The Philippine Statistics Authority (PSA) generates statistics for freshwater municipal aquaculture and municipal inland fishing. The Quarterly Inland Municipal and Quarterly Aquaculture Surveys are conducted in sample aquaculture farms and sample inland fishing households. The respondents of the surveys are aquafarm operators, fishermen or other knowledgeable members of the household. Generated quarterly fisheries production is included in the quarterly data review process of the PSA at the provincial, regional and national levels. After the data validation, preliminary estimates are made available to data users.
Table 1. Fishery Production by Aquafarm Type in CAR by Province: CY 2019
|Region/Province||Production (MT)||% Change|
|CY 2018||CY 2019|
- The total fishery production of the Cordillera Administrative Region (CAR) decreased by 5.9% from 4,418.8 metric tons (MT) in 2018 to 4,157.6 MT in 2019 contributed by both freshwater Municipal Inland and Aquaculture that declined by 1.6% and 7.3%, respectively (Table 1).
Table 2. Distribution of Total Fishery Production by Aquafarm Type in CAR
by Province: CY 2019
|Region/Province||Production (MT)||% to Total|
- Out of the total regional fishery production of 4,157.6 MT, aquaculture contributed 3,064.7 MT (73.7%) and fishery production contributed 1,092.9 MT (26.3%).
- In 2019, Ifugao was consistently the top producer with 2,377.0 MT accounting 57.2% of the total regional fishery production. Abra province distantly came second with 14.5% share, followed by Kalinga with 11.7%, Benguet with 8.5%, and Apayao with 7.8% (Figure 1).
- Mountain Province contributed the smallest share in the fishery of the region with an output of 15.4 MT comprising only 0.4% of the total fish production in the region (Table 2).
Figure 1. Percentage Distribution of Total Fisheries Production in CAR
by Province: CY 2019
MUNICIPAL INLAND PRODUCTION
- Inland municipal fishing refers to fishing in inland waters like lakes, rivers, and dams. Using simple gears and fishing boats some of which are non-motorized with a capacity of less than three (3) gross tons, or fishing not requiring the use of fishing boats.
- Cordillera municipal inland fishing output during the CY 2019 was 1,092.9 MT, comprising 26.3% of the total fish production in the region (Table 3).
Table 3. Municipal Inland Production in CAR by Province, CY 2019
Figure 2. Percentage Distribution of Municipal Inland Production in CAR,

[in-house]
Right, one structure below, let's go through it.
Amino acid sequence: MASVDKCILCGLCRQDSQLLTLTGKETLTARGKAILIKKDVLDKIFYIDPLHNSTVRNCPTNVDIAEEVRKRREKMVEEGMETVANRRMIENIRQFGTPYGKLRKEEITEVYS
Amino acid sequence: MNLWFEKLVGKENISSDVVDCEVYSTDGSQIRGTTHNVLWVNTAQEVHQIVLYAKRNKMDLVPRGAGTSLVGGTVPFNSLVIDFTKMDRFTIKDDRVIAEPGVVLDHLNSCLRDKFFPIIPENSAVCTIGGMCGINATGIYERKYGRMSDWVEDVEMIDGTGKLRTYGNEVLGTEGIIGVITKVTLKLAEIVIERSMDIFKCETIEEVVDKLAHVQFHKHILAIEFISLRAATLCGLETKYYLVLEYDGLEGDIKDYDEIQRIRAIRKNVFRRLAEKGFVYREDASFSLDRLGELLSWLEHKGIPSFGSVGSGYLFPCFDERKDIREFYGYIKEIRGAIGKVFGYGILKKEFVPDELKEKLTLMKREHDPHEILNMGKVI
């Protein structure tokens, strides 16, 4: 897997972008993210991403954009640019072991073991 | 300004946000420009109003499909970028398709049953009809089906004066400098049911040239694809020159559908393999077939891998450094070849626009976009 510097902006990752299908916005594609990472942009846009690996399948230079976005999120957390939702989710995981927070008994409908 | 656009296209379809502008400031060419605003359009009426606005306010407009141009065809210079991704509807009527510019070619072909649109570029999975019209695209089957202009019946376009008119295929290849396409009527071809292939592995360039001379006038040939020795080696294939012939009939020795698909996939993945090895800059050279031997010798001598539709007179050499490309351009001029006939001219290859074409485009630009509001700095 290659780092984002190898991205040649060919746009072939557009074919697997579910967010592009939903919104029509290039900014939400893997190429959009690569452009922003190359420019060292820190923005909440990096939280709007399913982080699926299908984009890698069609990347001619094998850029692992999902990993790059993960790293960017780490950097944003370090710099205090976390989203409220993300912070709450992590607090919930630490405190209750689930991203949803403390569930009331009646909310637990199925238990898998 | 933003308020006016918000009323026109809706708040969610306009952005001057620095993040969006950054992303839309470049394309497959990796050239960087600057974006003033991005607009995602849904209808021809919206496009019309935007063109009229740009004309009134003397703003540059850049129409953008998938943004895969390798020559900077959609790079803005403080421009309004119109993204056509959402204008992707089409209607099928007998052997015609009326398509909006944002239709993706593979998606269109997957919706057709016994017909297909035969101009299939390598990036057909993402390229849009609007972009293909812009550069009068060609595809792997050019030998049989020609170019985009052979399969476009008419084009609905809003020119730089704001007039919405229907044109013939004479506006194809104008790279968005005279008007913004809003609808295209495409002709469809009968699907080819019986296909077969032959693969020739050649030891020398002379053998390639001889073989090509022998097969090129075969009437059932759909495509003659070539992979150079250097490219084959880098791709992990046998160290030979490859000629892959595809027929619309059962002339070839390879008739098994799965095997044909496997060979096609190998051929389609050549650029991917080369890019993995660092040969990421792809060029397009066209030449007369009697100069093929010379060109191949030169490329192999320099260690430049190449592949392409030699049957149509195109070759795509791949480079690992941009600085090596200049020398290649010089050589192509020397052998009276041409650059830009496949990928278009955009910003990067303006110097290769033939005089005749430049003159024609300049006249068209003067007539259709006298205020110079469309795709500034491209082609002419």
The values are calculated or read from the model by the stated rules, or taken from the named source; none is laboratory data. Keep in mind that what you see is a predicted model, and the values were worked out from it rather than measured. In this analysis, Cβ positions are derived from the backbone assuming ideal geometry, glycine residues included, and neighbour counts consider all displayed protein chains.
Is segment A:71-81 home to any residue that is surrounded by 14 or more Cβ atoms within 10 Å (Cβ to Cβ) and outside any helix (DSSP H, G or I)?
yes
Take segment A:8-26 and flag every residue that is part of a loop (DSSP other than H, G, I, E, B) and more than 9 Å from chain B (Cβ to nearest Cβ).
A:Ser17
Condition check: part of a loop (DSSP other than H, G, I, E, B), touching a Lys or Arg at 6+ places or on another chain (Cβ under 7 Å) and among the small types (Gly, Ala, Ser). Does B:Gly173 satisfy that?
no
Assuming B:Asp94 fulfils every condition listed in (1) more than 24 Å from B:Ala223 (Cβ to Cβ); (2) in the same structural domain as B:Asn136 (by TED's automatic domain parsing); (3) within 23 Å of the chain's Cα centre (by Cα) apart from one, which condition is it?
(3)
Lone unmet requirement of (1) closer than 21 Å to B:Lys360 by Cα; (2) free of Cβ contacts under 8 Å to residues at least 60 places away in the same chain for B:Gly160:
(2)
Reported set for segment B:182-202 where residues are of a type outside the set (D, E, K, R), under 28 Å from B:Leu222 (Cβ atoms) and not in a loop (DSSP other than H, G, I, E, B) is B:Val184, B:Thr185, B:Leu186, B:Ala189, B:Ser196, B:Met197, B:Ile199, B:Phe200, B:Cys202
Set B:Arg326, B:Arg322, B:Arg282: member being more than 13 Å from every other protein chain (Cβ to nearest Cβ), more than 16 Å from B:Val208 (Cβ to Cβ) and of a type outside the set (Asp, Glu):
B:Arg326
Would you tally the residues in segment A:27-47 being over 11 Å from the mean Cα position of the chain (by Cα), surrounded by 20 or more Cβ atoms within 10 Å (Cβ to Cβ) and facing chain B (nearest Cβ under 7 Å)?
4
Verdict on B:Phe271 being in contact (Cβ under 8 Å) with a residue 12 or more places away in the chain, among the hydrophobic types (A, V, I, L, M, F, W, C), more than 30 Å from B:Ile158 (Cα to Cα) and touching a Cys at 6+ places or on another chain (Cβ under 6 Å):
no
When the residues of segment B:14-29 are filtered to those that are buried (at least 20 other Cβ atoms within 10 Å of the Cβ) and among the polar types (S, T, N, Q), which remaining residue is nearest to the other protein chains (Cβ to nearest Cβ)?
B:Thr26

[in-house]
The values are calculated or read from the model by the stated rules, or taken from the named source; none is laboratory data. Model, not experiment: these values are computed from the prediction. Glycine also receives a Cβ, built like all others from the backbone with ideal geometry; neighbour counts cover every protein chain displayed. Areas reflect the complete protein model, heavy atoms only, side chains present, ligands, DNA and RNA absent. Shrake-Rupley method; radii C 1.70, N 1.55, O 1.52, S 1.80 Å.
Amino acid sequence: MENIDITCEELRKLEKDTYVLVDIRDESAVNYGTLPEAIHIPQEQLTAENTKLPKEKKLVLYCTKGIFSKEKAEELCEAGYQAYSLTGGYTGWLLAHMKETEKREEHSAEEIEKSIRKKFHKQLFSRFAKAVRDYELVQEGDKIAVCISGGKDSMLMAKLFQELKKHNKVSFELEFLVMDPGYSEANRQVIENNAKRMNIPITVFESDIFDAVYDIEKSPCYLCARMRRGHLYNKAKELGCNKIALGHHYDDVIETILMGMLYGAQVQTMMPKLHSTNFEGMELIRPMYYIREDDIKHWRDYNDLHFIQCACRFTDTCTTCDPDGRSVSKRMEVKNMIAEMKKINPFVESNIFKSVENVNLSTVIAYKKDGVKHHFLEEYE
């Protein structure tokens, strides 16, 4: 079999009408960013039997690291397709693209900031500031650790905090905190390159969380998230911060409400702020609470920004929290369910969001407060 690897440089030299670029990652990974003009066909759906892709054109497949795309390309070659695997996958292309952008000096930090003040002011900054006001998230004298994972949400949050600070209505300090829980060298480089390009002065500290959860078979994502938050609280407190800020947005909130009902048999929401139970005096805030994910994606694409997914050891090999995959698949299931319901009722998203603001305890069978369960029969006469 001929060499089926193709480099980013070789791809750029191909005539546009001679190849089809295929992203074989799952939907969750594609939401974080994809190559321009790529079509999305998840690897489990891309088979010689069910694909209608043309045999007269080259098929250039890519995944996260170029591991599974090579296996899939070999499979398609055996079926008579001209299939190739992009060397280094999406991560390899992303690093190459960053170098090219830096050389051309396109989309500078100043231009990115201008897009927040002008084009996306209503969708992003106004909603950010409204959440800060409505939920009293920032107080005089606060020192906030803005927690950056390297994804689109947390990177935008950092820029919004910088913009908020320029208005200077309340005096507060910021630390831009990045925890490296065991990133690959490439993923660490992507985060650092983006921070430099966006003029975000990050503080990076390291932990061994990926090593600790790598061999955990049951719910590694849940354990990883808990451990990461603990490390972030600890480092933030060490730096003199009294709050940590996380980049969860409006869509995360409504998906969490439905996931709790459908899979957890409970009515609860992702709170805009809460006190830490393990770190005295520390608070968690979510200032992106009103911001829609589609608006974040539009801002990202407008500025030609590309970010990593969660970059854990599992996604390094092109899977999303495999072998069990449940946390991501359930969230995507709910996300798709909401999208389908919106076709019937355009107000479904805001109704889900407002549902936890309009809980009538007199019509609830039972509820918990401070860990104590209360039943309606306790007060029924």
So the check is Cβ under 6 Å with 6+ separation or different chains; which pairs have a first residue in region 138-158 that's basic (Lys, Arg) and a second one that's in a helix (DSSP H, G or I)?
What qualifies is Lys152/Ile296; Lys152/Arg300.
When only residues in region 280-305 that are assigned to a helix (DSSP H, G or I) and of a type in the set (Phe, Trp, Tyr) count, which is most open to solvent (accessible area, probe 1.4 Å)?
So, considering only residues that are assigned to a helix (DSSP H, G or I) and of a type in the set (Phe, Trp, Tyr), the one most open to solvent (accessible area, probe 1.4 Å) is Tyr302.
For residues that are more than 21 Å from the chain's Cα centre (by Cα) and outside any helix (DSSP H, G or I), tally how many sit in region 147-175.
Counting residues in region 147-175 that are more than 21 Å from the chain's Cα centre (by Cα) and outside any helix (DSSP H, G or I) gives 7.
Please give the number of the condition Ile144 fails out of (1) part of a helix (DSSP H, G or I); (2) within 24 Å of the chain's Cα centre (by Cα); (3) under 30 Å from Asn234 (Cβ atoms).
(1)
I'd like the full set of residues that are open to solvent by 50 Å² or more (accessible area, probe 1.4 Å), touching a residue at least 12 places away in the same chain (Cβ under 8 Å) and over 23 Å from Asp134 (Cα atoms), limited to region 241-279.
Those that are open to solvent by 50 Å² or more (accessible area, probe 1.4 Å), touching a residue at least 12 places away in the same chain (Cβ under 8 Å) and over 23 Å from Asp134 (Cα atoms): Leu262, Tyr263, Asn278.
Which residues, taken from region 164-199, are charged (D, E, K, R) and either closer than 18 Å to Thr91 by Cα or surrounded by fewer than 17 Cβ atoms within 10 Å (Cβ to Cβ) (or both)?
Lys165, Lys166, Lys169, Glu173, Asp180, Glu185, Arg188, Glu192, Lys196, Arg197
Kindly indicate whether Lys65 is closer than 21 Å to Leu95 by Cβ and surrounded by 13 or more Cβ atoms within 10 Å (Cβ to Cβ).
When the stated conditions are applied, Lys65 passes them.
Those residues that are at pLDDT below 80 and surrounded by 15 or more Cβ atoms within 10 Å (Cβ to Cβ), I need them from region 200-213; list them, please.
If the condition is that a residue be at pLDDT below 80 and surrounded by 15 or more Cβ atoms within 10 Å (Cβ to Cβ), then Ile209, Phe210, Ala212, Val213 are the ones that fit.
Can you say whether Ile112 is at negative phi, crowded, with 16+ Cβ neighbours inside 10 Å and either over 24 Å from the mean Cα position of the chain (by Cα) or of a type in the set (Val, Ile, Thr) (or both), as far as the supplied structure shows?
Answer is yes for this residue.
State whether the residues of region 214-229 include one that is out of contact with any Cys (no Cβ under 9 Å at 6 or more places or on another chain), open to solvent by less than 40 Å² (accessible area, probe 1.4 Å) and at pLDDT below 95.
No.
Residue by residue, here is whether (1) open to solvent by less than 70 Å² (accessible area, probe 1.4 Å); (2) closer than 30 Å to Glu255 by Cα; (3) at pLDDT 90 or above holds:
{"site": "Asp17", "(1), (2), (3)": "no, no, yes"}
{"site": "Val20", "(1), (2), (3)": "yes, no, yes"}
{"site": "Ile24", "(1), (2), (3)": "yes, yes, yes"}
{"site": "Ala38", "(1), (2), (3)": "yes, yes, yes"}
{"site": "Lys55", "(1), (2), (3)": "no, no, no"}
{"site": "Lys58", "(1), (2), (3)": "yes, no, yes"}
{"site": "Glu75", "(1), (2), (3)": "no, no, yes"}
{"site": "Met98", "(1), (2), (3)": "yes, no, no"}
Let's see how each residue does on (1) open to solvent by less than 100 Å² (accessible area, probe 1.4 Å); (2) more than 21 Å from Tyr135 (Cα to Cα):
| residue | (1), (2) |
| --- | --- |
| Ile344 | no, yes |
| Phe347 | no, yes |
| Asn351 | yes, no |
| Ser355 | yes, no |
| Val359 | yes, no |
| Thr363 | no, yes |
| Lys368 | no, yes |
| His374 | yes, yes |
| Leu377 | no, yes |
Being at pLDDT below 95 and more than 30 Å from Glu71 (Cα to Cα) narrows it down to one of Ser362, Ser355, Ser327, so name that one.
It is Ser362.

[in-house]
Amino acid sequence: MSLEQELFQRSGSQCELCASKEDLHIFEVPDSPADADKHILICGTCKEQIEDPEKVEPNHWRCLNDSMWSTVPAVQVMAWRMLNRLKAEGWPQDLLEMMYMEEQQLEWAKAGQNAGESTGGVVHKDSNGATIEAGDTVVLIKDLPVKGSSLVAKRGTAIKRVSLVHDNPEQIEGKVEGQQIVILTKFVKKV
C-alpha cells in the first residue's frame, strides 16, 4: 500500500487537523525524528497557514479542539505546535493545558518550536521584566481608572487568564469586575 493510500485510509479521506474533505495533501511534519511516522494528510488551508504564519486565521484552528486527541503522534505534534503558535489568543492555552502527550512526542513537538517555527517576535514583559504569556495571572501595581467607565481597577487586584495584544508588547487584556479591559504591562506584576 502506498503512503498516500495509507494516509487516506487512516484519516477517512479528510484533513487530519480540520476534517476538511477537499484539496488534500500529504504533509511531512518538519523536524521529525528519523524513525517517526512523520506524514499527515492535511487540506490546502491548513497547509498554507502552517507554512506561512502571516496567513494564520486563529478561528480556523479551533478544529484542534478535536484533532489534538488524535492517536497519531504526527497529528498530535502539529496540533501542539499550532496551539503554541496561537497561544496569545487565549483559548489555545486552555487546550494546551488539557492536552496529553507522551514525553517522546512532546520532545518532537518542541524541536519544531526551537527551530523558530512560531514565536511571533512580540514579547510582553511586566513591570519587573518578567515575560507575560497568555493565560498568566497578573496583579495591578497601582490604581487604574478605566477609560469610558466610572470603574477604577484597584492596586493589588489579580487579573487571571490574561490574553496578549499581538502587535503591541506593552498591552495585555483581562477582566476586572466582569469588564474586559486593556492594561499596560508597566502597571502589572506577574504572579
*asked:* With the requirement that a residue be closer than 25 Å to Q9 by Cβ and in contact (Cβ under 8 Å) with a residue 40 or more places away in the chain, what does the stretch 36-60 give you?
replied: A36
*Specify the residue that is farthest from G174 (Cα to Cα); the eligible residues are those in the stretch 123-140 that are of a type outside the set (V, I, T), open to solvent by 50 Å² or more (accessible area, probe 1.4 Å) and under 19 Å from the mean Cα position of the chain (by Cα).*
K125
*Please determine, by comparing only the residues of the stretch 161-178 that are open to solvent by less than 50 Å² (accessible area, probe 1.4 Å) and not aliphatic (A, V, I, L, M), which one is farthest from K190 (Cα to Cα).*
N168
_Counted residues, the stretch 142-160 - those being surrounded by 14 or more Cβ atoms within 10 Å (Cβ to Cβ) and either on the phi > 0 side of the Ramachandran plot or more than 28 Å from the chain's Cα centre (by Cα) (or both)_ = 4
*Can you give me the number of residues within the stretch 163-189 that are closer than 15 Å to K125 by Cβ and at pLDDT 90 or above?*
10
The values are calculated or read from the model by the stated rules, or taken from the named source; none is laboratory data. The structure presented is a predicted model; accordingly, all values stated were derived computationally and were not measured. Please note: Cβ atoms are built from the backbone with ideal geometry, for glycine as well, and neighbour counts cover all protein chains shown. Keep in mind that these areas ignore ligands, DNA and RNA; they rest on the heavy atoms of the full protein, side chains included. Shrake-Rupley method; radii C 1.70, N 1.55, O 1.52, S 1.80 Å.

by Province: CY 2019
- Kalinga was the top inland fishing province with 331.4 MT, comprising 30.3% of the total inland fishery production of the region. Abra came second with 23.0% share followed by Apayao with 21.5% share. Ifugao came fourth with 18.3% share. The provinces with the smallest shares were Benguet and Mountain Province with 6.5% and 0.4% shares, respectively (Figure 2).
- Aquaculture is a fishery operation involving all forms of raising and culturing of fish and other fishery species in fresh, brackish and marine water areas.
Table 4. Aquaculture Production and Area Harvested in CAR, by
Province: CY 2019
|Region/Province||Production (MT)||Area Harvested (Has)|
- In 2019, CAR registered an aquaculture production of 3,064.7 MT with an estimated area harvested of 551.0 hectares. Aquaculture dominated the region’s total fisheries accounting for 73.7% of the total fish production (Table 4).
Figure 3. Percentage Distribution of Aquaculture Production in CAR
by Province: CY2019
- Ifugao province posted the highest production with 2,177.5 MT from an area harvested of 259.0 hectares. Abra was a distant second with 351.5 MT with an area harvested of 148.7 hectares while Mountain Province had the least production in the region with only 11.0 MT and an area harvested of 4.0 hectares (Table 4).
In terms of percentage distribution in aquaculture production in the region, Ifugao contributed 71.1%. Abra came second with 11.5% share. The other provinces and their share to total aquaculture production were Benguet with 9.2%; Kalinga with 5.0%; and Apayao with 2.9%. Mountain Province had the smallest share with 0.4% (Figure 4).